kubectl get deployments

Once the deployment is created, Kubernetes will create a ReplicaSet for the Deployment. We can verify that a ReplicaSet was created for our Deployment:

kubectl get replicasets

We should see a ReplicaSet with a name like auth-xxxxxxx

Finally, we can view the Pods that were created as part of our Deployment. The single Pod is created by the Kubernetes when the ReplicaSet is created.


kubectl get pods

It's time to create a service for our auth deployment. You've already seen service manifest files, so we won't go into the details here. Use the kubectl create command to create the auth service.


kubectl create -f services/auth.yaml

Now, do the same thing to create and expose the hello Deployment.

kubectl create -f deployments/ctwoc.yaml
kubectl create -f services/ctwoc.yaml

And one more time to create and expose the frontend Deployment.

kubectl create secret generic tls-certs --from-file tls/
kubectl create configmap nginx-frontend-conf --from-file=nginx/frontend.conf
kubectl create -f deployments/frontend.yaml
kubectl create -f services/frontend.yaml

Note: You created a ConfigMap for the frontend.

Interact with the frontend by grabbing its external IP and then curling to it.

kubectl get services frontend

It may take a few seconds before the External-IP field is populated for your service. This is normal. Just re-run the above command every few seconds until the field is populated.

curl -ks https://<EXTERNAL-IP>

And you get the ctwoc response back.

You can also use the output templating feature of kubectl to use curl as a one-liner:

curl -ks https://`kubectl get svc frontend -o=jsonpath="{.status.loadBalancer.ingress[0].ip}"`

Scale a Deployment

Now that we have a Deployment created, we can scale it. Do this by updating the spec.replicas field. You can look at an explanation of this field using the kubectl explain command again.

kubectl explain deployment.spec.replicas

The replicas field can be most easily updated using the kubectl scale command:

kubectl scale deployment ctwoc --replicas=5

Note: It may take a minute or so for all the new pods to start up.

After the Deployment is updated, Kubernetes will automatically update the associated ReplicaSet and start new Pods to make the total number of Pods equal 5.

Verify that there are now 5 ctwoc Pods running:

kubectl get pods | grep ctwoc- | wc -l

Now scale back the application:

kubectl scale deployment ctwoc --replicas=3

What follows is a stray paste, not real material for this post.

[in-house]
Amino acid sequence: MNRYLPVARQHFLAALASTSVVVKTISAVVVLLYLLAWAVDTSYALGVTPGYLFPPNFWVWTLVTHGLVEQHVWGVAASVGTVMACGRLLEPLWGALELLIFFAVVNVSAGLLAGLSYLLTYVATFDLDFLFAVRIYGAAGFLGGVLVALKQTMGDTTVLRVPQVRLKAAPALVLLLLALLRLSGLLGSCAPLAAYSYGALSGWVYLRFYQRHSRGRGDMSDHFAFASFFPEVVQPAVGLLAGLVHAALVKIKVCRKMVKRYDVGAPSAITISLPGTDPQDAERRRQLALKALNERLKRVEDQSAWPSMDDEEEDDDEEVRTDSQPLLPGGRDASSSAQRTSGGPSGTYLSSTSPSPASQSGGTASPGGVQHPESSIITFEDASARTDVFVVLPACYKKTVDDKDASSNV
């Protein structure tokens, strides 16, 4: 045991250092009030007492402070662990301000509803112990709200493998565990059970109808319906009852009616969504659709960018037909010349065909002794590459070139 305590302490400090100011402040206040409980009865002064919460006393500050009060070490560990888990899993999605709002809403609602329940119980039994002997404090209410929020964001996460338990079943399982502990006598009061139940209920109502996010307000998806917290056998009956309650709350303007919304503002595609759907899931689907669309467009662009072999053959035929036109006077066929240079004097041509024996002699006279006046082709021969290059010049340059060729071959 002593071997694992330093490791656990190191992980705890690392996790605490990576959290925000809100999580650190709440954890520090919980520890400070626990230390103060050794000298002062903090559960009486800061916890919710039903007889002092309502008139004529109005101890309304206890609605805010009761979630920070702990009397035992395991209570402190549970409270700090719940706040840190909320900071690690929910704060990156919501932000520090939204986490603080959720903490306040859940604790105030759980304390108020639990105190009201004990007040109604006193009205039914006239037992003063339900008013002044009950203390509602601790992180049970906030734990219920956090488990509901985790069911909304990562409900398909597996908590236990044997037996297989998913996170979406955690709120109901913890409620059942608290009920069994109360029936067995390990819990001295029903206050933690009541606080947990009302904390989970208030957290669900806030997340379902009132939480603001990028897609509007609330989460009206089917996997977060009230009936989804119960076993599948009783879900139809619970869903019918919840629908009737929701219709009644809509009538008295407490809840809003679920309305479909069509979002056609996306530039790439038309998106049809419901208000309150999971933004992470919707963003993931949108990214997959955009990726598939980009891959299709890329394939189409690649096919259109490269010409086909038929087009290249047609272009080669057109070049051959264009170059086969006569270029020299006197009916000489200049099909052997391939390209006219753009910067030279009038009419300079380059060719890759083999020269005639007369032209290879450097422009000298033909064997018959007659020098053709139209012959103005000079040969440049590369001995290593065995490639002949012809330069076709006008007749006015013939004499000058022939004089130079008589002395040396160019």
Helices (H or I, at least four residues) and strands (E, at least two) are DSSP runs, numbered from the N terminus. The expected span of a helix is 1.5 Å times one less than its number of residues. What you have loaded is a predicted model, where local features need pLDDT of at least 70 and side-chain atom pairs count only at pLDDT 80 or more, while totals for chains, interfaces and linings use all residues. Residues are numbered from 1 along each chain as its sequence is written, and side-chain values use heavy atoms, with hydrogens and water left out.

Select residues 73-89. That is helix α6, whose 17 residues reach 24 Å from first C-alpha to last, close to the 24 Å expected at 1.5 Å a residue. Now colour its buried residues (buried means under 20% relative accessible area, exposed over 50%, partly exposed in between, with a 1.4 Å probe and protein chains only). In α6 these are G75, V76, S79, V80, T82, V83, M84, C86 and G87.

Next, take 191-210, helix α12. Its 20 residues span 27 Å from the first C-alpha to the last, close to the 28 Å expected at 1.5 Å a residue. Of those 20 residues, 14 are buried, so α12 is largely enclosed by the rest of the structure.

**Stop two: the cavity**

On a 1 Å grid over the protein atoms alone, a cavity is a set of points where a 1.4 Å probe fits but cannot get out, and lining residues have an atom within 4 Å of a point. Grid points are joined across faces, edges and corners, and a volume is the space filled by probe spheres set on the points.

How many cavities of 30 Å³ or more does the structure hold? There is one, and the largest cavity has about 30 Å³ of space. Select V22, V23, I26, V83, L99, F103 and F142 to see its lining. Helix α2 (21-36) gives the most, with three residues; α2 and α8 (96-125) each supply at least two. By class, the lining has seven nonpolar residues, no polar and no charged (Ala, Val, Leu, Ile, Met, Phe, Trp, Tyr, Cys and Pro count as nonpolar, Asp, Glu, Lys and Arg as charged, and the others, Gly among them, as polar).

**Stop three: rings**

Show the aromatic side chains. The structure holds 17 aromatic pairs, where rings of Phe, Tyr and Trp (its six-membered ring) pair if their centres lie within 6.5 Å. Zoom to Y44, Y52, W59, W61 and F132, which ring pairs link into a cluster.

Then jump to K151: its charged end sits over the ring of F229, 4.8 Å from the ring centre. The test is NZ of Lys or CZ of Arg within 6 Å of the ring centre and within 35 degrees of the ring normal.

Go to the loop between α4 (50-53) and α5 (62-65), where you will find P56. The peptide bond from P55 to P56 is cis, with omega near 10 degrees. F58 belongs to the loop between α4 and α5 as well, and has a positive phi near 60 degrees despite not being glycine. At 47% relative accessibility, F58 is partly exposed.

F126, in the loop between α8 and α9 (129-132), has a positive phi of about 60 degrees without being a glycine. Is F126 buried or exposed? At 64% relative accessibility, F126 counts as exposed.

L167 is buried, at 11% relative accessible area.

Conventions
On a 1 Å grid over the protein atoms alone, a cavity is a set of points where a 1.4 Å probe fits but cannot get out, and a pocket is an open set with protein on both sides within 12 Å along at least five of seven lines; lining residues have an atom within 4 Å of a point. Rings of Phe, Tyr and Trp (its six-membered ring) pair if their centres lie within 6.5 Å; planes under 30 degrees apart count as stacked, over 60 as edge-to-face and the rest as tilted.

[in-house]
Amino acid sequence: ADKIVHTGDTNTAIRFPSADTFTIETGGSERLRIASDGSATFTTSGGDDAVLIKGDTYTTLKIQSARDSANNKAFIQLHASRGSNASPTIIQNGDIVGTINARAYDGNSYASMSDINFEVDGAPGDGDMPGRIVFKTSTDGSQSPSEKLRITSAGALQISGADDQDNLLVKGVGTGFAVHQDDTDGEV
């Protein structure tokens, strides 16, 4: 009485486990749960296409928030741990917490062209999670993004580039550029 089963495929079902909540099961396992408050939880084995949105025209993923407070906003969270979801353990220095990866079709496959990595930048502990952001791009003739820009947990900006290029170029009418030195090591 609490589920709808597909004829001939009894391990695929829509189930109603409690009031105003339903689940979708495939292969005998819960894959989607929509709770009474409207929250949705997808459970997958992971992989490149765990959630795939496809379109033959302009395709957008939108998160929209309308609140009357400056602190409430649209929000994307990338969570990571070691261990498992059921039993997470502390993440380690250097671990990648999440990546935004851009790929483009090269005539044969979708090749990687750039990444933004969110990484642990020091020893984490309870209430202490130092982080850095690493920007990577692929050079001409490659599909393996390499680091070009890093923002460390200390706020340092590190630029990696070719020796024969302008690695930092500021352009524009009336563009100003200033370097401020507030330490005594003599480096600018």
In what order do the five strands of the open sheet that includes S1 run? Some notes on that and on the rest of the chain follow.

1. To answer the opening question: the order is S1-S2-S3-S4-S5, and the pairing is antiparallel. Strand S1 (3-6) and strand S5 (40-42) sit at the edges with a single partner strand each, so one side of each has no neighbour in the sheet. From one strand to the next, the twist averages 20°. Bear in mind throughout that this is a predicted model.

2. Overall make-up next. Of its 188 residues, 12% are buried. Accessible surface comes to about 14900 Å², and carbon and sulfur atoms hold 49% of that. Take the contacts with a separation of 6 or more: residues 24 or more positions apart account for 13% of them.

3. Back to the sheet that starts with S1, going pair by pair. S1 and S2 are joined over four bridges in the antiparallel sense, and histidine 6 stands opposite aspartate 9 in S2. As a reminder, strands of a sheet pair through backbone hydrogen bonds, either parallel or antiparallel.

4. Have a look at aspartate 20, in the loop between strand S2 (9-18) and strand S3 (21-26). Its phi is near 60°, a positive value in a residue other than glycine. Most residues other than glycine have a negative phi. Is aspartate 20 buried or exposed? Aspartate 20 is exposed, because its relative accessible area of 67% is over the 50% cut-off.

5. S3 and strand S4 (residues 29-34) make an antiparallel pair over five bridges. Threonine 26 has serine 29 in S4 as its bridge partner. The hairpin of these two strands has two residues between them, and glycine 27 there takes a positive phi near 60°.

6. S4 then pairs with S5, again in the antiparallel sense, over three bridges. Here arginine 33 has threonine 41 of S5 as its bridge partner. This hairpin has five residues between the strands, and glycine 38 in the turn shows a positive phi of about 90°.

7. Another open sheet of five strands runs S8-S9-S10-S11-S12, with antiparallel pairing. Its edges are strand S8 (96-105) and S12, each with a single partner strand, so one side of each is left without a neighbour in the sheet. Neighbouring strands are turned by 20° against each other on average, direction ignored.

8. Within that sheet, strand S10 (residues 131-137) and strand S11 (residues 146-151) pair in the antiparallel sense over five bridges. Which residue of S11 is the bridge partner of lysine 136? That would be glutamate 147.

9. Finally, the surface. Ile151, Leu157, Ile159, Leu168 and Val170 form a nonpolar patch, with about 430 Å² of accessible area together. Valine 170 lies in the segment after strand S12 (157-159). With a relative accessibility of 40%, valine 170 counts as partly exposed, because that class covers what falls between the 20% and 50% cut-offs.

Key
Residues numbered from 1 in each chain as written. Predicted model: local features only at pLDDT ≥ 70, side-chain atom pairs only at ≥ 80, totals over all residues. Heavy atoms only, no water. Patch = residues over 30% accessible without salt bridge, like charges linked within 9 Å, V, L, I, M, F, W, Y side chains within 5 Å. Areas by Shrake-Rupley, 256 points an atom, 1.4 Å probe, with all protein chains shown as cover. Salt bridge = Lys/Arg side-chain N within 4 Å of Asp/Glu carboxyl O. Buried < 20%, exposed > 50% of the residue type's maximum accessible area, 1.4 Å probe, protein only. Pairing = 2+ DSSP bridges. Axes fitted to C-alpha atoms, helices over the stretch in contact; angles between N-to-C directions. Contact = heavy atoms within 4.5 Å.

Again, verify that you have the correct number of Pods.

kubectl get pods | grep ctwoc- | wc -l

I already explained Kubernetes deployments and how to manage & scale a group of Pods.


Rolling update


Deployments support updating images to a new version through a rolling update mechanism. When a Deployment is updated with a new version, it creates a new ReplicaSet and slowly increases the number of replicas in the new ReplicaSet as it decreases the replicas in the old ReplicaSet.

Trigger a rolling update

To update your Deployment, run the following command:

kubectl edit deployment ctwoc

Change the image in the containers section of the Deployment to the following:

image: exampleimagename/ctwoc:2.0.0

Save and exit.

Once you save out of the editor, the updated Deployment will be saved to your cluster and Kubernetes will begin a rolling update.

See the new ReplicaSet that Kubernetes creates.:

kubectl get replicaset

You can also see a new entry in the rollout history:

kubectl rollout history deployment/ctwoc

Pause a rolling update

If you detect problems with a running rollout, pause it to stop the update. Give that a try now:

kubectl rollout pause deployment/ctwoc

Verify the current state of the rollout:

kubectl rollout status deployment/ctwoc

You can also verify this on the Pods directly:

kubectl get pods -o jsonpath --template='{range .items
  • }{}{"\t"}{"\t"}{.spec.containers[0].image}{"\n"}{end}'

Resume a rolling update

The rollout is paused which means that some pods are at the new version and some pods are at the older version. We can continue the rollout using the resume command.

kubectl rollout resume deployment/ctwoc

When the rollout is complete, you should see the following when running the status command.

kubectl rollout status deployment/ctwoc

Rollback an update

Assume that a bug was detected in your new version. Since the new version is presumed to have problems, any users connected to the new Pods will experience those issues.

You will want to roll back to the previous version so you can investigate and then release a version that is fixed properly.

Use the rollout command to roll back to the previous version:

kubectl rollout undo deployment/ctwoc

Verify the roll back in the history:

kubectl rollout history deployment/ctwoc

Finally, verify that all the Pods have rolled back to their previous versions:

kubectl get pods -o jsonpath --template='{range .items
  • }{}{"\t"}{"\t"}{.spec.containers[0].image}{"\n"}{end}'

Great! You learned about rolling updates for Kubernetes deployments and how to update applications without downtime.

Canary deployments


When you want to test a new deployment in production with a subset of your users, use a canary deployment. Canary deployments allow you to release a change to a small subset of your users to mitigate risk associated with new releases.

Create a canary deployment

A canary deployment consists of a separate deployment with your new version and a service that targets both your normal, stable deployment as well as your canary deployment.